OUT: Sunday Column May 03, 2009

Panel may take up 2 closure petitions at meeting in GJ

The Colorado Wildlife Commission slips into Grand Junction on Thursday facing a decision on how much it wants to tread on private hunting rights.

The one-day meeting begins at 8:30 a.m. at the Holiday Inn, 755 Horizon Drive.

The May commission meeting traditionally is when license numbers are set for the fall big-game hunting season and the public gets a first look at some tentative dates for the waterfowl season.

The latter won’t be finalized until later this year after the U.S. Fish and Wildlife Service issues its season structure, bag limits and dates.

What calls for some attention are two citizen petitions seeking hunting closures, a move the commission in the past has been reluctant to take.

“We have very few hunting closures on the books except in areas where a local government has established a policy of no discharge of firearms,” said Brett Ackerman, regulations manager for the Division of Wildlife.

One existing closure is a waterfowl hunting ban along the Colorado River from the Grand Avenue Bridge west to Horsethief Canyon State Wildlife Area.

The commission also established a hunting closure within a half-mile of the Mount Evans highway after receiving numerous complaints from tourists unhappy hunters were taking advantage of the human-friendly mountain goats.

The proposed closures being discussed this week include about half of Sugar Loaf Mountain west of Boulder and a private ranch in Douglas County near Castle Pines Village south of Denver.

The Sugar Loaf closure would entail a mix of private and public land in what land planners refer to as an “exurban interface.”

Conflicts between hunters and non-hunters aren’t uncommon in areas where development starts to encroach on traditional and historic uses.

There also are problems arising, particularly along the Front Range, when homes edge into wildlife habitat and conflicts result when deer or elk and the predators they attract start becoming nuisances.

Another type of conflict occurs when land use changes in response to growing populations.
We’re seeing some of that in the Grand Valley as recreational use (mountain bikes, ATVs, dirtbikes, etc) start taking over lands where hunters freely roamed a decade ago.

The Castle Pines proposal, though, is a different matter.

Here, Ackerman explained, the petitioners want the commission to ban hunting on a private ranch initially purchased for its hunting opportunities.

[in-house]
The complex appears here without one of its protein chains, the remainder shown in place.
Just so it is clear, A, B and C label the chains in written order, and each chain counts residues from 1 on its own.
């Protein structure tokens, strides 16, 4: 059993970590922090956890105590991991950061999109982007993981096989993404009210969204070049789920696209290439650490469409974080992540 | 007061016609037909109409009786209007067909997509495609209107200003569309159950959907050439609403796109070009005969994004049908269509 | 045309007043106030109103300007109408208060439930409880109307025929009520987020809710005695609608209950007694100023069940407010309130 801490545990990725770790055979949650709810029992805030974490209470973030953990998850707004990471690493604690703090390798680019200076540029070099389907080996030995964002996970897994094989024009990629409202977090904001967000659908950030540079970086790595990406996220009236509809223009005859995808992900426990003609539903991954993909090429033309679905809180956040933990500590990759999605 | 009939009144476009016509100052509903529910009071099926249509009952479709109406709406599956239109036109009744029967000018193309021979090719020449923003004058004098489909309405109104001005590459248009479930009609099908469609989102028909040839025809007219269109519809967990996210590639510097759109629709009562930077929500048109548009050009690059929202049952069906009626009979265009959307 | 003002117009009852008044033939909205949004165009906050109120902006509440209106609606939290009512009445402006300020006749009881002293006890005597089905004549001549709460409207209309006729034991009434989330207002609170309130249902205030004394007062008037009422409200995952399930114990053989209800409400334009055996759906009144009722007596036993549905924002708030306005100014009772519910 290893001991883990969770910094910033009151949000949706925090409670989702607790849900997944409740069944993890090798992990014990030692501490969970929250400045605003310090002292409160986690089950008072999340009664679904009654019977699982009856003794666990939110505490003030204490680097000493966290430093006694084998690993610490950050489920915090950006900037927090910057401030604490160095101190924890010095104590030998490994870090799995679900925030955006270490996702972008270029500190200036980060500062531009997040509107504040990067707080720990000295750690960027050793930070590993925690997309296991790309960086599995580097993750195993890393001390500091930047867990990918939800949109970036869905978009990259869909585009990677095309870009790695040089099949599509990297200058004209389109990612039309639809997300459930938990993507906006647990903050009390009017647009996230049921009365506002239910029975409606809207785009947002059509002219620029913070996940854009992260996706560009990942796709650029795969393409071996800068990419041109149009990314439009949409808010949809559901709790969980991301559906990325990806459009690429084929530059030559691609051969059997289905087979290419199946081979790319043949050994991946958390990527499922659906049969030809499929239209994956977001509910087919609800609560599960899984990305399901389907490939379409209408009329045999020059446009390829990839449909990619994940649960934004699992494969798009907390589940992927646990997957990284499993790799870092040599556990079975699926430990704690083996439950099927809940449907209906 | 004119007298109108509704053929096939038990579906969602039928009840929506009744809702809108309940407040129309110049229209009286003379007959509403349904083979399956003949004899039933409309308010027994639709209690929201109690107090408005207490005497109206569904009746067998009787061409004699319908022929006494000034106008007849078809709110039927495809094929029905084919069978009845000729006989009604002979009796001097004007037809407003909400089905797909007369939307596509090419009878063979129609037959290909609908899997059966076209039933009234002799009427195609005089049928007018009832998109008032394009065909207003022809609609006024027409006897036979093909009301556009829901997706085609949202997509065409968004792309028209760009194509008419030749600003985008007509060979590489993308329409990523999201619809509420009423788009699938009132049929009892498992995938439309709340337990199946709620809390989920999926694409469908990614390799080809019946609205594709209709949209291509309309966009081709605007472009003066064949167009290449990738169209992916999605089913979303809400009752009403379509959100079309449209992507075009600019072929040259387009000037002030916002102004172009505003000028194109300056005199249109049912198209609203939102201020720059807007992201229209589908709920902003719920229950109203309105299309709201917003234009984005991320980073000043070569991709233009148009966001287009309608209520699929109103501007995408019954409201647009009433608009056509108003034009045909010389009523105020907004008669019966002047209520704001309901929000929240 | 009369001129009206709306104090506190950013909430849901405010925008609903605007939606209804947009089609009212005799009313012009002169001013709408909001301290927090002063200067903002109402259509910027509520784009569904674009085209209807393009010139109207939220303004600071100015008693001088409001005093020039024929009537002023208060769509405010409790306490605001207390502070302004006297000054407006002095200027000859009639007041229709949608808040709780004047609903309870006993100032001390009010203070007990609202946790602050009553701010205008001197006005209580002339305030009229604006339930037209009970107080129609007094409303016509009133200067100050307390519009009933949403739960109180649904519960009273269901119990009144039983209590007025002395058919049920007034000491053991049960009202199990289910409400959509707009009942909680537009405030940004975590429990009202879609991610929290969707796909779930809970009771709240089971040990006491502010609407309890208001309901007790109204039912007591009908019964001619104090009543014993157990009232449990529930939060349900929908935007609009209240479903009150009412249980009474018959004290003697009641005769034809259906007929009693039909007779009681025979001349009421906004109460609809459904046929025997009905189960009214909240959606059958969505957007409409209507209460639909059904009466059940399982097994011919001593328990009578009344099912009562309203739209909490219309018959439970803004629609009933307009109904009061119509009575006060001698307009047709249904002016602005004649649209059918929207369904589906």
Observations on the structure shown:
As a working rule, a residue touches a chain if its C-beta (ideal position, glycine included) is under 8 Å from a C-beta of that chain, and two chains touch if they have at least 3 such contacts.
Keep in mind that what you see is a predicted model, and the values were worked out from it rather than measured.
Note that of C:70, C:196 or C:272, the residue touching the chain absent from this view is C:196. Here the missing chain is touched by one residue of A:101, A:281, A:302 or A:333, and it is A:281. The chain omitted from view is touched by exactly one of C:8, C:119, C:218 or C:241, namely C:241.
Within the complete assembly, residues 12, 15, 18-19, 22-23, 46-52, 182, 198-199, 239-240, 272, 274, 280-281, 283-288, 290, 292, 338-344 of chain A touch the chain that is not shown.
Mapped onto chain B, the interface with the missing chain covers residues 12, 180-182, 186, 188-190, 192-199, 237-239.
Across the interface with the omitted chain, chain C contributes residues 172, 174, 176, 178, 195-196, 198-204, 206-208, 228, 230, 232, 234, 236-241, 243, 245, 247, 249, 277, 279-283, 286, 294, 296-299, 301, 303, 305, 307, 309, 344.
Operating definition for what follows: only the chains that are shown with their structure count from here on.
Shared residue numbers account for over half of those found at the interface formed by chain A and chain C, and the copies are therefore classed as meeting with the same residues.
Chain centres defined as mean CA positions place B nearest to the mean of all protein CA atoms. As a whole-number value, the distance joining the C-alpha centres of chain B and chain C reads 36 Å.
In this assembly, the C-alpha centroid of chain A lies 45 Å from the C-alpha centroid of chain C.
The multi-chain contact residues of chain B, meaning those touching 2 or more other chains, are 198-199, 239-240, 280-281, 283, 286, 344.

Development is starting to surround the ranch and late-comers want to stop the rancher from hunting.

In the past, the commission has worked with local governments to find equitable solutions
in such matters, but each case is different and no one knows how the commission will decide.

“This will be really interesting,” Ackerman said. “It could be a real turning point for the commission.”

The commission can control hunting with prohibitions but as noted earlier has been loath to do so.

However, the commission also prides itself with its outreach to the public, but it’s debatable whether a hunting closure enacted on private land is within the commission’s legal purview.

The decision won’t be easy because there’s the strong likelihood of lawsuits no matter who wins.

Ackerman said both cases already are in litigation not involving the DOW.

Ackerman pointed out what’s becoming a disturbing trend: The DOW purchases property to protect its wildlife and scenic values, people move to the area because of the said wildlife and scenic values and then they want to change the land use.

Mule Deer Association banquet — The Grand Junction-based Colorado Mule Deer Association will host its yearly banquet May 16 at Two Rivers Convention Center.

The CMDA was founded in response to concerns about the state’s mule deer herd and has spent countless volunteer hours preserving and conserving wildlife habitat and encouraging new generations of deer hunters. The group also was among the sponsors of Saturday’s Outdor Heritage Day.

Among the auction items to be bid for is the much-coveted Colorado Governor’s mule deer license, an item that might bring $100,000 or more from some well-heeled mule deer lover.

Bidding can be lively and not always in person as telephone bids will be accepted.

Tickets are available online at http://www.coloradomuledeer.org or by calling Lynn Ensley at 241-9556.

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